Saturday, December 29, 2012

Who Moved My Routine?

 How to get space in New York City - Central Park.

Those of us with kids on the autism spectrum (and many of us with just typical kids) know that routine is our friend.  Well, it's our friend most of the time.  Except when the routine is broken, then the backlash blowup can be a real PITA.  So routine is good, when it's business as usual, but really a pain when it's broken and our kids can't adjust easily to it.  It's the Catch-22 of autism:  routine as a comfort zone making life easier, or as a straightjacket that paralyzes them when it's removed.  Life with a child with autism is a constant stretching game, a balancing act between having enough routine to make the day run without too many problems, and teaching them to adapt to changes in routine and dealing with the inevitable meltdowns when you change their routines. 

Let's face it:  routine is an illusion, a dream, a temporary state of being.  Everyone eventually has to learn to go with the flow or ride the wave when life gets chaotic and our plans get derailed.  For people with autism this is never easy.  For someone with autism, change can be frightening, overwhelming, paralyzing, maddening, uncomfortable, sad.  Daily routines are their comfort zone, so vacations or big events that upset that routine can be a real trial for them and for their parents, families, and caregivers.  Even little changes can cause huge problems, so big changes can be big trouble for the whole family.

Back to school last September - the return of the school routine.

Every day of Christmas break Safety Guy has asked us, "What are we doing today?"  He wants to know where we're going, who we'll see, what we'll do, how long we'll be out, and when we'll come home.  That small measure of "control" on his part is a big deal.  If he can sort of see the shape of the day ahead, he can better deal with whatever goes on.  He's become quite a bit more flexible over the years, but it's been a long time coming.  He still gets upset over sudden changes.  It's a learning curve, a looooong learning curve.  We still have to push him to deal appropriately with change, put him in situations that stretch him and help him learn new coping skills.  It's like stretching a muscle - it hurts and aches and is uncomfortable for a while, then you get used to it, then you do it all over again, only more.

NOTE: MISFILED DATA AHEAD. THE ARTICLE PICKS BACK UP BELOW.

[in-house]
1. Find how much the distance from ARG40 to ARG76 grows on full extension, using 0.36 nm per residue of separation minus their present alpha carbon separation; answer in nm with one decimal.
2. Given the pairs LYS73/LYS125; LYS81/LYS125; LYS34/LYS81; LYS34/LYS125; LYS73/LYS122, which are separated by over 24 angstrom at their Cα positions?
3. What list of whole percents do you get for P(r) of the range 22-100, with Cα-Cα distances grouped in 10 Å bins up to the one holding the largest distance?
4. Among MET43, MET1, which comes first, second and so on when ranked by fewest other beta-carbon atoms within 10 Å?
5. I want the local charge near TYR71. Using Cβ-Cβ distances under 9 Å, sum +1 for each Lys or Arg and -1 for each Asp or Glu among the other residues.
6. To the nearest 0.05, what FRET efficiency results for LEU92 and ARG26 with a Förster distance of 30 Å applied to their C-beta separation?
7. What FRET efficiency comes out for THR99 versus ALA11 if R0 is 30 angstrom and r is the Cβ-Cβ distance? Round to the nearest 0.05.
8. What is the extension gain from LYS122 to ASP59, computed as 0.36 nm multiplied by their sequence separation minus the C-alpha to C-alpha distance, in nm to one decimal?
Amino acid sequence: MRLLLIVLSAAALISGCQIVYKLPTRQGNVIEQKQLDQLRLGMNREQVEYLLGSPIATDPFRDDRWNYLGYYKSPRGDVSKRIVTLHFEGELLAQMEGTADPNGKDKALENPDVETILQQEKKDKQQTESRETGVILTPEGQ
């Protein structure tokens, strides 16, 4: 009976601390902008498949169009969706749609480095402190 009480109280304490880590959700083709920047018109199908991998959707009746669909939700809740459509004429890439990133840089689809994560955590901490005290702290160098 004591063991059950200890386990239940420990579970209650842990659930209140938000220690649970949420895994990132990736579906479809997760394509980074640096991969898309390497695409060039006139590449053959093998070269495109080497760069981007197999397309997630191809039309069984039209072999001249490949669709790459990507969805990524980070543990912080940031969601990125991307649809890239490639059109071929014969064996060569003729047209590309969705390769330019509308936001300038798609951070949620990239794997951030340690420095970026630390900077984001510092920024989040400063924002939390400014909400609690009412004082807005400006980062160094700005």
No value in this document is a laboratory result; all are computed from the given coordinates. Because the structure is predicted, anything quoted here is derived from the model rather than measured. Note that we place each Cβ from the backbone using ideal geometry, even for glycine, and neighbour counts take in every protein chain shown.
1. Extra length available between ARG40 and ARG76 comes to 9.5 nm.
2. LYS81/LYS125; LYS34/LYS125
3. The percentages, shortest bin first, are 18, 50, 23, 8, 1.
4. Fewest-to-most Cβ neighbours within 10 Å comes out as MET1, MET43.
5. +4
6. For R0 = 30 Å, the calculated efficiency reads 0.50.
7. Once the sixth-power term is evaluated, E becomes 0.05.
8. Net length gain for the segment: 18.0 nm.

Broken routine can be almost as much fun as being chased by a T-Rex.

All this is to say that it's been a full week off of school already, and our kids are handling it fairly well so far.  Other years it's not been that way at all, so I'm grateful that we haven't had a major meltdown - yet.  BUT there are still five more days to go before the kids go back to school.  The odds are against us having smooth sailing for all of that time, but we're doing our best.  Thank goodness for a house where we can get away from each other when we really need to.  Togetherness is good, until it's not, if you know what I mean.  My husband is off work this week as well - the most family togetherness we get all year.  Some years we've been at each others' throats after three days, so we're doing better than usual this year.  Maybe we're all growing up?

Sometimes we all need a little space.

So we're keeping it light.  No more big holiday to-dos (we survived those, and they were fun).  No big New Year's wingding - we're staying home.  No long-distance travel, no appointments, no busy-ness.  But having a planned small diversion each day is still a good thing.  They help give an amorphous, unstructured free day some shape, which helps Safety Guy a lot.  For instance, Safety Guy is going out with his Dad later today, just to run errands to the hardware store.  The day is now divided into before and after that planned event, and he's happy with that.  If the kids are in a good mood later, I'll take them to the local animal shelter to hang out with the pets for a while - that activity is always a winner.  The Princess might invite a friend over tomorrow, in which case I'll ask the girls to give SG his space.  He has a fairly low tolerance for silly girl noise.  At least he has his man cave rearranged and somewhat cleaned out now, so he has more space there.  I'll probably create an errand or outing tomorrow so he can go out with me and have a break out of the house, away from the girls.

I'm grateful for the down time from work and school, but I'm just as glad that we'll be back to our normal family routine soon enough.  Then we'll be dealing with the usual challenges of school and work.  And that routine will be good - for a while.



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